Using Honeycomb 3.2

Initially the Asus Eee Pad Transformer shipped with Android Honeycomb 3.0, but if you buy one today chances are it's been loaded with version 3.2 already. Although the latest Honeycomb revision of the Android software is much more powerful than the previous 2.x versions found on many Android-based phones, it works in much the same way.

Those who have used Android based smartphones, or iPhones for that matter, will have no trouble finding their way around the Honeycomb 3.2. The desktop, if you will, can be customized across numerous windows which the user can swipe through. Each window or screen can be filled with icons or widgets depending on how the user wishes to set it up.

Asus has added a weather app to the primary screen and can be manually set to a certain location or left on auto and will update as you move around. There is also a shortcut to your e-mail which shows new messages and a clock with the time and date.

A status bar at the bottom of the screen constantly shows information such as the time, battery level and network signal. While this info is also permanently displayed in earlier 2.x versions, users can also see application status here without having to fully open the application in question.

Honeycomb makes the Eee Pad Transformer feel more like a laptop than a tablet PC in my opinion. The quick access buttons that allow to open apps, go back, home or even open recently used applications makes the Transformer very easy to use.

However it's the fact that all these tasks combined with many others can be executed by the touch of a button using the docking station's keyboard that is the icing on the cake (for us PC lovers). Should you want to increase or decrease the screen's brightness there is no need to open the settings page and then look for that option. Instead there are three buttons dedicated to covering all the possible brightness settings.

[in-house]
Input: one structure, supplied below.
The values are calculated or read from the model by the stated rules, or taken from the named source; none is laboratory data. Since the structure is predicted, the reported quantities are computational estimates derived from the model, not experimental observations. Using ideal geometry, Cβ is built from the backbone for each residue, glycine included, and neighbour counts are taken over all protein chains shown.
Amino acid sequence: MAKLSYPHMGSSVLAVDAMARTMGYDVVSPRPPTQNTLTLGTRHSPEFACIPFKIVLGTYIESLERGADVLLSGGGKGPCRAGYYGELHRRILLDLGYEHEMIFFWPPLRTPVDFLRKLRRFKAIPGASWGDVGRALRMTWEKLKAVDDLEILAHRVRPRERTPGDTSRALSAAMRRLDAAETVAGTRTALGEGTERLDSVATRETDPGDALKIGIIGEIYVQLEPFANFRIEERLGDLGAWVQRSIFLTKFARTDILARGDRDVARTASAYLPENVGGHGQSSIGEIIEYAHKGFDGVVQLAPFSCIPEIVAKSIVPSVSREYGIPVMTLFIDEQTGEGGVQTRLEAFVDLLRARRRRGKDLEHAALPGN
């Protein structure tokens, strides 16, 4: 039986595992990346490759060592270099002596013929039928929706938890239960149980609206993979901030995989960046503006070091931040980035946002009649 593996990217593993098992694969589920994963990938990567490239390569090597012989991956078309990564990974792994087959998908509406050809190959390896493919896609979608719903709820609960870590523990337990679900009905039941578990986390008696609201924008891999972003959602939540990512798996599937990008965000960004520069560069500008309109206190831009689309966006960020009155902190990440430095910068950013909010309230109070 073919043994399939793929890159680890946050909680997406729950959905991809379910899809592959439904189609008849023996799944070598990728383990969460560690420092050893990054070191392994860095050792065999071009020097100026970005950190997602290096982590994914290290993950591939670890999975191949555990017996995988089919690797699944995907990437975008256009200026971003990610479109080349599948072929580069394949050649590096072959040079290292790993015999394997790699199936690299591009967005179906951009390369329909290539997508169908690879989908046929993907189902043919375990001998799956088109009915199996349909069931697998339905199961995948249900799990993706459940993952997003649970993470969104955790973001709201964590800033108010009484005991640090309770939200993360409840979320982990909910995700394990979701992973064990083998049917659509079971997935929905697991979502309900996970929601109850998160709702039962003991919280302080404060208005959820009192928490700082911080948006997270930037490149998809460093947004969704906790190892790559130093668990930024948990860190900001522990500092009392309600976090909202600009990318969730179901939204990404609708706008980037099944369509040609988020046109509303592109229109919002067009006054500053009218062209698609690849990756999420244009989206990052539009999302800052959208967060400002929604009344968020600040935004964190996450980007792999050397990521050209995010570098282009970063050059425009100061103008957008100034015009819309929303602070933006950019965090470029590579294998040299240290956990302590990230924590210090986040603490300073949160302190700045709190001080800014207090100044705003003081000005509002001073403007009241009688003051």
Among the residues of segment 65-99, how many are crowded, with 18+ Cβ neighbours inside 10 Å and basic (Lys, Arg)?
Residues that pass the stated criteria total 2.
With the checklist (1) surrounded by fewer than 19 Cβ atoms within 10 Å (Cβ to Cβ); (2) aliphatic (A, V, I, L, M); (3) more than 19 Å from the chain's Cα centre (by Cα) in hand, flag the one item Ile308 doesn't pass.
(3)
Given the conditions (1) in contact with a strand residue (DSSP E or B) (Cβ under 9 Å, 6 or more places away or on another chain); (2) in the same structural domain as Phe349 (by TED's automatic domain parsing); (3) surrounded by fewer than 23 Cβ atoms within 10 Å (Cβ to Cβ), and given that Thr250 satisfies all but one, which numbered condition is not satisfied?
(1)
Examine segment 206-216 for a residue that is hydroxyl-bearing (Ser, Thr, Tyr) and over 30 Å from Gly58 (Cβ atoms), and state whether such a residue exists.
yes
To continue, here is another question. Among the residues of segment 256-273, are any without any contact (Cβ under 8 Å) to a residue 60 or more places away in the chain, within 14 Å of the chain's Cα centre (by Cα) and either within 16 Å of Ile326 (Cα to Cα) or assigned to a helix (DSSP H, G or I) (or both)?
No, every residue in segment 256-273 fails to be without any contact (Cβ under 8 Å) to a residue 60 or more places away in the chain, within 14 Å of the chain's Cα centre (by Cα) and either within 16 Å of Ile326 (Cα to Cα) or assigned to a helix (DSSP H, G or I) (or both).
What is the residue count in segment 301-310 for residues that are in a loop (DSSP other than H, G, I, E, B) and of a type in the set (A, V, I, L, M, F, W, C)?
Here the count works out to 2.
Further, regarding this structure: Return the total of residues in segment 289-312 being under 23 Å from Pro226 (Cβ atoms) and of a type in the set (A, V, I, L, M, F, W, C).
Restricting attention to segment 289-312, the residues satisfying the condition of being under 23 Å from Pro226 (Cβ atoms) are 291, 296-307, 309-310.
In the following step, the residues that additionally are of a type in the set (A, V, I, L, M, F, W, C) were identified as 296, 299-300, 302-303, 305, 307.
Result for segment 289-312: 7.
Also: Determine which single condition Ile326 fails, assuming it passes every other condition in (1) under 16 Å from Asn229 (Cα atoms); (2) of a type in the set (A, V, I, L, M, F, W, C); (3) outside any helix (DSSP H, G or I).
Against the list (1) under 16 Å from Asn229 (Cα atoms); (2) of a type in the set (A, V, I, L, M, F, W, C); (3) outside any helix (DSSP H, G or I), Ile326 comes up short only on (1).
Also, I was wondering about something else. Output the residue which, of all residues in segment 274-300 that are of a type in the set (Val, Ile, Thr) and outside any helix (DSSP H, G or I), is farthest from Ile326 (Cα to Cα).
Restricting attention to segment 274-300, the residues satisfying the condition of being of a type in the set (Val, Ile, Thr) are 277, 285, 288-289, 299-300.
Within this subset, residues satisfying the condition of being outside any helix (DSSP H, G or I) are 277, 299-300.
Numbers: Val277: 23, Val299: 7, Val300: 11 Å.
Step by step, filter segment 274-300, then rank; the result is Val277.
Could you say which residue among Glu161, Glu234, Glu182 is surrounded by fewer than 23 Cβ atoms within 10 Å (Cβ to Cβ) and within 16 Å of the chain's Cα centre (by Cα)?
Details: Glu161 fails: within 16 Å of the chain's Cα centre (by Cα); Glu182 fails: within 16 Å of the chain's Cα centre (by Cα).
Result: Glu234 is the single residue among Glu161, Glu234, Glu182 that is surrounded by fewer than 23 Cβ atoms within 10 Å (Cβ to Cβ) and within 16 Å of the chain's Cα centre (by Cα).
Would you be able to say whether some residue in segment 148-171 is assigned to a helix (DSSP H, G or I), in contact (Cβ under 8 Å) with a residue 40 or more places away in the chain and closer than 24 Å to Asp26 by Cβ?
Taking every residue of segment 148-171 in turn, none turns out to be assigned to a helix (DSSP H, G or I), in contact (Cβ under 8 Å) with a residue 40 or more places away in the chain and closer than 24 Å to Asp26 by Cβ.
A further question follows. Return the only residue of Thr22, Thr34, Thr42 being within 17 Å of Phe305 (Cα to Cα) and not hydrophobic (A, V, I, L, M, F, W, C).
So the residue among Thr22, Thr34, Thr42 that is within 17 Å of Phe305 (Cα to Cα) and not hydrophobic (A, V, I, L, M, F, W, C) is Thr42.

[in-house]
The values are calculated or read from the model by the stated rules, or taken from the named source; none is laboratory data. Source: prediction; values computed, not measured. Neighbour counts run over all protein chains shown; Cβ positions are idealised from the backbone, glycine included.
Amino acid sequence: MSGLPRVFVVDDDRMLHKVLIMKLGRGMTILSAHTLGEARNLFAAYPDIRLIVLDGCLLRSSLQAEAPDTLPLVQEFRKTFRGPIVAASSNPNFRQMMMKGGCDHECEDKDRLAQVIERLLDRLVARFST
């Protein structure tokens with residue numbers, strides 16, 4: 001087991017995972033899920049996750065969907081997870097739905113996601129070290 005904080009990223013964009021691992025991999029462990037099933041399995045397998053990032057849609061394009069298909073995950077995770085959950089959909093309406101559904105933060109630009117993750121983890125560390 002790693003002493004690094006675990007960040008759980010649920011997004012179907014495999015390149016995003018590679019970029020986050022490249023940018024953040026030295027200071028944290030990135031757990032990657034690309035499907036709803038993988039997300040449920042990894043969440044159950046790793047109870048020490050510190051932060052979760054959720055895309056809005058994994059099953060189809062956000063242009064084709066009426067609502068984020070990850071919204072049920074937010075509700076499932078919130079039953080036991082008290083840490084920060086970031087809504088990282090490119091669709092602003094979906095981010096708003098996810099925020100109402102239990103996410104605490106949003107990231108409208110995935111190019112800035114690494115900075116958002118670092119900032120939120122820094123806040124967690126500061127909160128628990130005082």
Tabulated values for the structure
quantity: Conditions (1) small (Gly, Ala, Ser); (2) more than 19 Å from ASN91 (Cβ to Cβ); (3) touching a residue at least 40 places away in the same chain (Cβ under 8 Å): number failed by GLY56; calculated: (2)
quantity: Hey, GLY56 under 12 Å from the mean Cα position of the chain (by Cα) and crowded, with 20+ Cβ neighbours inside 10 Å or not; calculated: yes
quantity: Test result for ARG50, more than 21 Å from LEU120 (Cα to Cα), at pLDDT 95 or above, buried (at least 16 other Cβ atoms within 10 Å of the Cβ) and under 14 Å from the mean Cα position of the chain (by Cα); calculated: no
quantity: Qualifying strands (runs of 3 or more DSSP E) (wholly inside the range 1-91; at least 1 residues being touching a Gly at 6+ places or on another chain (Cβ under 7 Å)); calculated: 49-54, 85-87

Asus has also included a custom onscreen keyboard which we preferred to the default Honeycomb keyboard. Although the Asus version takes up slightly more space, the keys are easier to read and the numbers and letters are all displayed on the same screen, which I personally found very useful.

The web browser works very well, offering a smooth lag-free experience for the most part. In fact, while most sites featured very smooth scrolling, I found TechSpot to be a little clunky and this was surprising. Still the bookmark system is excellent, very similar to that of Android 2.x versions used on smartphones, with the exception that you get to see many more bookmarks on a single page.

The music software is excellent and thanks to the USB ports on the dock it's easy to copy and paste audio files into the music folder. The software even lets you play music directly from the USB stick without having to launch the music player. Once in the music folder on the SD card you can open the music software allowing for the creation of playlists and the ability to view all your music in a three-dimensional filing system.

For those wanting to enjoy their music on the background while performing other tasks, the taskbar will show a headphones icon that when touched/clicked will pop a small menu to manage your listening session.

Although Honeycomb usually receives the criticism of being less polished than iOS on the iPad, at this stage I found less and less things to complain about and no flaws that I'd consider deal breakers. Once or twice the Eee Pad Transformer refused to come out of sleep mode and I was forced to power the entire system off and then back on again. So, sure the operating system is not entirely bug free, but it's a very straightforward experience from my perspective.